But is this actually the case? It’s a question that is never asked.

The Commuting Church

The idea that the people who worship in any particular building are primarily local residents is a holdover from Little House on the Prairie, where the whole town walked or buggied down the road to the combination church/schoolhouse. It just ain’t so anymore in the Western world. Transit infrastructure, the ubiquity of vehicle ownership among the middle class and the increasing tendency of young couples to abandon their inner-city apartments and condos for more affordable housing in the ’burbs the moment their first child is on the way all make the “community church” a much less likely proposition.

In my entire life I’ve never been to a church where the majority of Christians who attended lived close enough to walk to services when they felt like it. Not a single one.

But that’s me. I’ve had little luck in finding accurate statistics on just how many Christians commute to church these days, but a quick Google search shows many of us are at least asking the question. David Trauffer says the average is a 15 minute drive. As an inner-city churchgoer, I’d estimate sixty or seventy percent of our congregation drive or transit at least that far, and many drive half an hour or more.

Does it make any sense for Christians to consider as their primary target for the gospel an area of town in which they do not make their home and in which they only appear once or twice a week for the purpose of worship?

Not really.

Corporate Evangelism and Church Growth

Further, there’s a second largely false assumption embedded in the first one, and that is that a church’s corporate witness is the primary means by which the church grows. Again, I find this to be untrue, and I’m far from a lone voice on that front.

Cameron and Tara talk about ‘Beach Baptism Blasts’ and other somewhat-flaky public events as standard church practice these days. In Canada, some churches do Saturday afternoon community barbecues in the parking lot, themed dinners with a well-known Christian speaker, concerts and so on. Then there’s the traditional gospel meetings and “Family Bible Hours” many churches promote.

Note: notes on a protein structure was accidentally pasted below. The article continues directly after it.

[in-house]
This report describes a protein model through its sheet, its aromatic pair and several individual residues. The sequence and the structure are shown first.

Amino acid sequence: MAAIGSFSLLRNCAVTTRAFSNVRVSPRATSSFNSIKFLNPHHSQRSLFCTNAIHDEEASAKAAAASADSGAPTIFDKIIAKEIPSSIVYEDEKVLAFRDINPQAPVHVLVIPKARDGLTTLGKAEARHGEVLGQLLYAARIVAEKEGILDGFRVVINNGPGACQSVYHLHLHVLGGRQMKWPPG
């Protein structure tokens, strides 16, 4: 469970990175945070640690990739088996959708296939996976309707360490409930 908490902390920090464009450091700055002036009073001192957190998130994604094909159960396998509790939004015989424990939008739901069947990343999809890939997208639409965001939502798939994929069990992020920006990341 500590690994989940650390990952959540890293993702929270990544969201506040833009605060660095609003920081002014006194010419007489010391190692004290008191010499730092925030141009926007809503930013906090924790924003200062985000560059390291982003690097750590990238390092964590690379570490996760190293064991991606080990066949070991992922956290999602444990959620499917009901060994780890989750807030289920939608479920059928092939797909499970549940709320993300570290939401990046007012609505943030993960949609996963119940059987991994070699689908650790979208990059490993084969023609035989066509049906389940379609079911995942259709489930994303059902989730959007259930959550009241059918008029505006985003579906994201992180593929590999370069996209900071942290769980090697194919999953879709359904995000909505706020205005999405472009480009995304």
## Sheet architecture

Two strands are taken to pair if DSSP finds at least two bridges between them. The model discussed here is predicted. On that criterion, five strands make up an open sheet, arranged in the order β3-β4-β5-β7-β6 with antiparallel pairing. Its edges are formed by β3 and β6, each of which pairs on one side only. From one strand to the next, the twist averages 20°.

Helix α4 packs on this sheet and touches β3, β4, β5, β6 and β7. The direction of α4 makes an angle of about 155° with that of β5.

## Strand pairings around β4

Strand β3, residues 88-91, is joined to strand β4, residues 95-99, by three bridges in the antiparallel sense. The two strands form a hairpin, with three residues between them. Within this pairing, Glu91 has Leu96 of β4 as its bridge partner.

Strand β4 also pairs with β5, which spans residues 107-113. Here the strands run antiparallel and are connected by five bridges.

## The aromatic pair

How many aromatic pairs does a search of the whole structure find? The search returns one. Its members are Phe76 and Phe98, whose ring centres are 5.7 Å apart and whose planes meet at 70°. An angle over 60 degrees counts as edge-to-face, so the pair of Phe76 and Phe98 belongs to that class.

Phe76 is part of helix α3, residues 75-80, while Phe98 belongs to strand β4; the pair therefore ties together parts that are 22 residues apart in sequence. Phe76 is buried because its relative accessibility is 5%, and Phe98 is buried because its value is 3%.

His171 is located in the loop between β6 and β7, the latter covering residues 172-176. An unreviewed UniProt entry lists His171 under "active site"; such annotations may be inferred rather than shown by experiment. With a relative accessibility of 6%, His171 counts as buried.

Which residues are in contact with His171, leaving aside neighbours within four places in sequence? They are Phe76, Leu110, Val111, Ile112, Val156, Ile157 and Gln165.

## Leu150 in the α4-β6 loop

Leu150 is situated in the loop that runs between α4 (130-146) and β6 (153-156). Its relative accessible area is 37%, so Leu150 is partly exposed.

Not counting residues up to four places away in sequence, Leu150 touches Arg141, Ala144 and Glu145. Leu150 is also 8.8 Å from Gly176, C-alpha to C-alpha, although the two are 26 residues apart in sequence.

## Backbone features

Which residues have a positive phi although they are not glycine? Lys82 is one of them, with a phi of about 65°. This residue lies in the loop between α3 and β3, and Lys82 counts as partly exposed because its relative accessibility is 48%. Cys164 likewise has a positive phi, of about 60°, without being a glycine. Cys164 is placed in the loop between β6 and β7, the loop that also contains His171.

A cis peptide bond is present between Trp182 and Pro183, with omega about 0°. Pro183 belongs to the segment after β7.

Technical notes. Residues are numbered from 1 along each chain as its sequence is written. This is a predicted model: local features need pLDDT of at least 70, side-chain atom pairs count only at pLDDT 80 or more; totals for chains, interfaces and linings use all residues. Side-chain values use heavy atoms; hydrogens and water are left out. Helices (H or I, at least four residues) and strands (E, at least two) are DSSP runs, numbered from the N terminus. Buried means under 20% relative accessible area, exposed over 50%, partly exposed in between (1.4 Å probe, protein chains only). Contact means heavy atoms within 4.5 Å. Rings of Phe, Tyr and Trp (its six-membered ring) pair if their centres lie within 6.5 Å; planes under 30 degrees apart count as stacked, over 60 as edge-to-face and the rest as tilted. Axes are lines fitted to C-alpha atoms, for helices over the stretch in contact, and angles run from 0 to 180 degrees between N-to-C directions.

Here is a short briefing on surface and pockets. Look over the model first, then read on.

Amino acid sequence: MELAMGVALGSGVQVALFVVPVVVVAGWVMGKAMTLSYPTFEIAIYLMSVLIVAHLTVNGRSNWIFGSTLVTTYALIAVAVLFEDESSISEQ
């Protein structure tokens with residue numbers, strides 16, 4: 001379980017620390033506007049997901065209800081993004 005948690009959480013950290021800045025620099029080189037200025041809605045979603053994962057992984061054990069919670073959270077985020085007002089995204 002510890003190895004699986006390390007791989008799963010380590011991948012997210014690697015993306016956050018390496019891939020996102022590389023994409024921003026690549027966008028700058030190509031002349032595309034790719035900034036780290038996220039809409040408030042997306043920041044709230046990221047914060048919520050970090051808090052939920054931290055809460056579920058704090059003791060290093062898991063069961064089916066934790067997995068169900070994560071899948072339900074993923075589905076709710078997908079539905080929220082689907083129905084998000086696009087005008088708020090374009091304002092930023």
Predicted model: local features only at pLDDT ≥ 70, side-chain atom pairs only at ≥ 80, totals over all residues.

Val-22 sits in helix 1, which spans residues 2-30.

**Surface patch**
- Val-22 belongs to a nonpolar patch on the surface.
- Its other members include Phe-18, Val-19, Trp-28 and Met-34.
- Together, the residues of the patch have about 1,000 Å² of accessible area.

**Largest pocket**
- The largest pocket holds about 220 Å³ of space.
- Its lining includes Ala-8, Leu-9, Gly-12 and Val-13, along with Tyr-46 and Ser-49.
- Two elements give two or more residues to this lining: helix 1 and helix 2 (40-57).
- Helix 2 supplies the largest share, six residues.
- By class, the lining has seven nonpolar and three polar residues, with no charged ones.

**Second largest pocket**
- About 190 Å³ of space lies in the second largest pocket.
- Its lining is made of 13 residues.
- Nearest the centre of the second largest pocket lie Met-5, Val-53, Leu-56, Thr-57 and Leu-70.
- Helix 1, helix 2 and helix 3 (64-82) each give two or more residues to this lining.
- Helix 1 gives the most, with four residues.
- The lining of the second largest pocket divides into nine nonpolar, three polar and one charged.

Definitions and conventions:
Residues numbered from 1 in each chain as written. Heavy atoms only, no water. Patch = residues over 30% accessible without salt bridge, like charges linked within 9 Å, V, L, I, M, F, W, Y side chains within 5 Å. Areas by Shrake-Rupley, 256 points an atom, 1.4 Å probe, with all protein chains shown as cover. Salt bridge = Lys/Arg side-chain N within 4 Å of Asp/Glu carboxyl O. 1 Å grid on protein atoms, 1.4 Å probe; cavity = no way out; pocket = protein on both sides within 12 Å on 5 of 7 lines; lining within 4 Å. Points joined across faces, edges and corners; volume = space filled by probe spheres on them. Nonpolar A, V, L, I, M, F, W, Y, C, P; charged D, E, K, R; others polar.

Special events generally cost money, and some quite a bit of it. It’s reasonable to inquire whether they actually work.

So what’s the return on such efforts? It’s hard to say. They are certainly visible, they create awareness and they mobilize Christians and make possible contacts that might not happen any other way. I’d be reluctant to say they should be entirely abandoned. But such corporate events are not patterned on the book of Acts nor do we find directions in the epistles to engage in the them. In practice, rarely do they produce any significant, measurable long-term effect.

Who’s Actually Getting Saved?

What does? The Adventists tell us the two most significant factors that influence people to join their church are (1) being brought up in an Adventist home, and (2) a friend or relative (at 59% and 58% respectively, far eclipsing public evangelism meetings at 36%).

They’re not alone. A Pentecostal church in Indiana cites a survey of 8,000 American churchgoers that produced the following results when they were asked, “How did you come into the church?”
“6-8% — said the minister was the reason. His personality or reputation brought them to that church.
4-6% — were walk-ins. One day they decided they needed to go to church, so they did.
2-4% — said they were attracted by the church’s outstanding program and facilities.
1-2% — said it was because someone visited them or knocked on their door.
0.1% — said that it was through a radio or T.V. program that they had been reached.

However, 70-90% replied that their conversion was the result of the witness from a family member, friend, or work associate.